Refugee profiles regarding MSF's concerns on refugees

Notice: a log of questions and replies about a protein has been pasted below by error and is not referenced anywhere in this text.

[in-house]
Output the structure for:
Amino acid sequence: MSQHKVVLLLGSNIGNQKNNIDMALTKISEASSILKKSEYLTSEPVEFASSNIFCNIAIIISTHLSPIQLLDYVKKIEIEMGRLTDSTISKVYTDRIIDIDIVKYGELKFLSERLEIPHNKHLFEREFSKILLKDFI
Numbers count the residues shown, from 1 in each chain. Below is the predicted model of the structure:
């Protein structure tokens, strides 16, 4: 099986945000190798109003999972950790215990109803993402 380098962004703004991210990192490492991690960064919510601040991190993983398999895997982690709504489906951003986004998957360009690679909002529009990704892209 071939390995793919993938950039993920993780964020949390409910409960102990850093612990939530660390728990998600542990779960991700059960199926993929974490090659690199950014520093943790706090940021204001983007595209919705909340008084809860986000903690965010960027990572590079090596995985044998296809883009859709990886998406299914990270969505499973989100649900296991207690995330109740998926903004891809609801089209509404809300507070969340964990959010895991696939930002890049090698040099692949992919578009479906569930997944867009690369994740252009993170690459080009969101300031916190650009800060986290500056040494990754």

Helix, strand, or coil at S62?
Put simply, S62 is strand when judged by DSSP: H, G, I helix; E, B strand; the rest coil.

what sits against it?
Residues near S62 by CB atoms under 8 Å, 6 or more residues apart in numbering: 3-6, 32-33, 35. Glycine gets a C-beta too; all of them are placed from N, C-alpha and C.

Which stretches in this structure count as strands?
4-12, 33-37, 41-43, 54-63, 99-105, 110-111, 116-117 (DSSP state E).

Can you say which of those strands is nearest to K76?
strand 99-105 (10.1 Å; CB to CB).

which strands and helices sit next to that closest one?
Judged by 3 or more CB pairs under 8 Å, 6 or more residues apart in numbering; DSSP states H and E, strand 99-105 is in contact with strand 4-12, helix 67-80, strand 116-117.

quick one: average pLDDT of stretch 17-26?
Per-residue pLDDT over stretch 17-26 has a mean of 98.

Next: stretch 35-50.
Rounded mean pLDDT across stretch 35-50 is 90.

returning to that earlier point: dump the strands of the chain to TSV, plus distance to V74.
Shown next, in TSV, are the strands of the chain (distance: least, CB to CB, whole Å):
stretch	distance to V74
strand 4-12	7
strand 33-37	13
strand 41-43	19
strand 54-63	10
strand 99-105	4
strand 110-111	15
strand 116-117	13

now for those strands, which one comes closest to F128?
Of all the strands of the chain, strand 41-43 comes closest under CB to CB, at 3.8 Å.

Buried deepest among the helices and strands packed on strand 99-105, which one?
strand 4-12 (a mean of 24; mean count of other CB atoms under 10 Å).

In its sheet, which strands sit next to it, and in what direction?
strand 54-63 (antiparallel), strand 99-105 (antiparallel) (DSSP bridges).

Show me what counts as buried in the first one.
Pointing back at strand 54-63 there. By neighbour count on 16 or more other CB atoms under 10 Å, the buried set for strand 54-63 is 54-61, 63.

AFGHANISTAN: Abdul, 59 years old, internally displaced person. "I left my village 13 months ago. Today I live the M65 camp for displaced people in Mazar-I-Sharif. We live a slow death. Everything is bad. We have practically nothing. We don't have any shelter either. Many people have died here over the past months. The others survive thanks to assistance. I am worried because our future is bleak and sad because of the drought and the instability in the country. I prefer to die if our life does not improve." Afghanistan has more than half a million internally displaced people, and between three and six million refugees in Iran and Pakistan. Its recent history of war, ethnic/religious persecution and environmental collapse have driven its inhabitants in all directions. One group resorted to air piracy to escape the country, many more have lost everything trying to save their families. These people have been largely abandoned to their fate, held hostage within their own country during the recent intense fighting. The Taleban authorities restricted access to them. Neighbouring countries shut their borders, trapping an innocent population in violent conflict stimulated by foreign powers. Iran, which had a huge burden of refugees already, shot people trying to cross their borders. It already had a policy of pressuring existing Afghan refugees to go home. Pakistan saw Afghans as a security threat and tried to restrict any camps to the most inappropriate border sites. It preferred to call them "externally displaced people", the most telling corruption of language in the service of irresponsibility. In part these states have been forced to take these positions because of the lack of international help in managing their huge refugee populations over the past decades, creating massive internal social problems. The international "anti-terrorist coalition" was happy that it would not be receiving any asylum seekers either. Those people who managed to get out are now faced with pressure to return, despite the continuing dangers in the country. The right to choose when to go back will be secondary to the desire of other countries to create a "normal" Afghanistan. CHECHNYA: Zara, 37, an internally displaced Chechen in Ingushetia, Russia. "Before arriving in this 'tent city' called Aki-Yourti, we lived in Grozny, the capital of Chechnya. When the houses were bombed I was very scared. The children, despite their age, were already experiencing a second war. "My neighbour helped us to leave Grozny. I chose this village to take refuge in Ingushetia because I had heard that there were many Chechens and it was the closest place to Chechnya. We spent the months of October, November and December 1999 in an empty tent, without even a mattress and without electricity or gas. We were hungry and cold. But I never though the war would last so long." The Russian campaign to reoccupy the Chechen republic has forced 250,000 civilians from their homes, many of whom have taken refuge into neighbouring Ingushetia. Because the Russian authorities insist that the conflict is an internal matter - a question of suppressing terrorists within the Russian Federation - they classify all Chechens outside their republic as displaced. So the mandate of the UNHCR is limited and the full rights of refugee status are withheld. The Federal authorities are now refusing to register newly arrived Chechens for any entitlements, describing them as economic migrants. Many people are therefore surviving illegally in inhuman conditions, under the permanent threat of forced return to Chechnya. Meanwhile, the savagery of the war and the extreme insecurity in the whole region has restricted the help that aid agencies can give to the Chechen people. COLOMBIA: James, 50, a Colombian refugee in Spain. "The guerrillas accused me of not wanting to collaborate with them and I was taken prisoner. I was tortured during my captivity, which lasted 95 days. They cut off one of my hands and slashed the other. Finally, one of my captors took pity on me and helped me to get away. "It was a doctor who then helped me to leave the country. I took a plane to Madrid. Although I want peace to return to Colombia more than anything, I am not optimistic about the future of my country. Here, in Madrid, I feel safe." In Colombia, violence is blind, daily and widespread. Armed groups are everywhere; some oppose the government, others extort money, and some take over districts, while others simply want to protect themselves. The government's army uses the same brutal methods against civilians. There are some two million people displaced internally by the violence. The international community pays little attention to this because the war is not recognised as such. Regional states, Venezuela and Panama, have sent Colombian refugees back. James was lucky to be given refugee status. He probably would not have received it in Germany, where refugee status is granted only if the applicant fled State persecution. GUINEA/SIERRA LEONE: "Mary", 36, Sierra Leonean refugee in Guinea. "I was put in prison for two days by the Guinean army for no reason and my property was looted. There were more than 500 refugees - men, women and children. They used the ends of their guns to beat us. We were given no food or water. According to the President of Guinea, the refugees had brought war into their country. Since that time, I am left with nothing and I'm finding my way back to my own country. I want to go." Sierra Leone's decade of mutinies, civil war and savagery has forced hundreds of thousands of its citizens to seek sanctuary in neighbouring Guinea. A year ago, the RUF rebels in Sierra Leone pushed across the border into the areas of the refugee camps and clashed with the Guinean army. The refugees were caught in the cross-fire, preyed upon by the RUF and persecuted by the Guinean authorities, who suspected they were helping or hiding the RUF. Guinea's President Conte accused them directly of undermining his country, so raising ethnic tensions and provoking violence against the refugees by civilians and the military. The principle of voluntary return to "safe areas" of Sierra Leone was barely recognisable. Conditions for the refugees were made so impossible that even the dangers of the chronic instability in their homeland were made to seem preferable.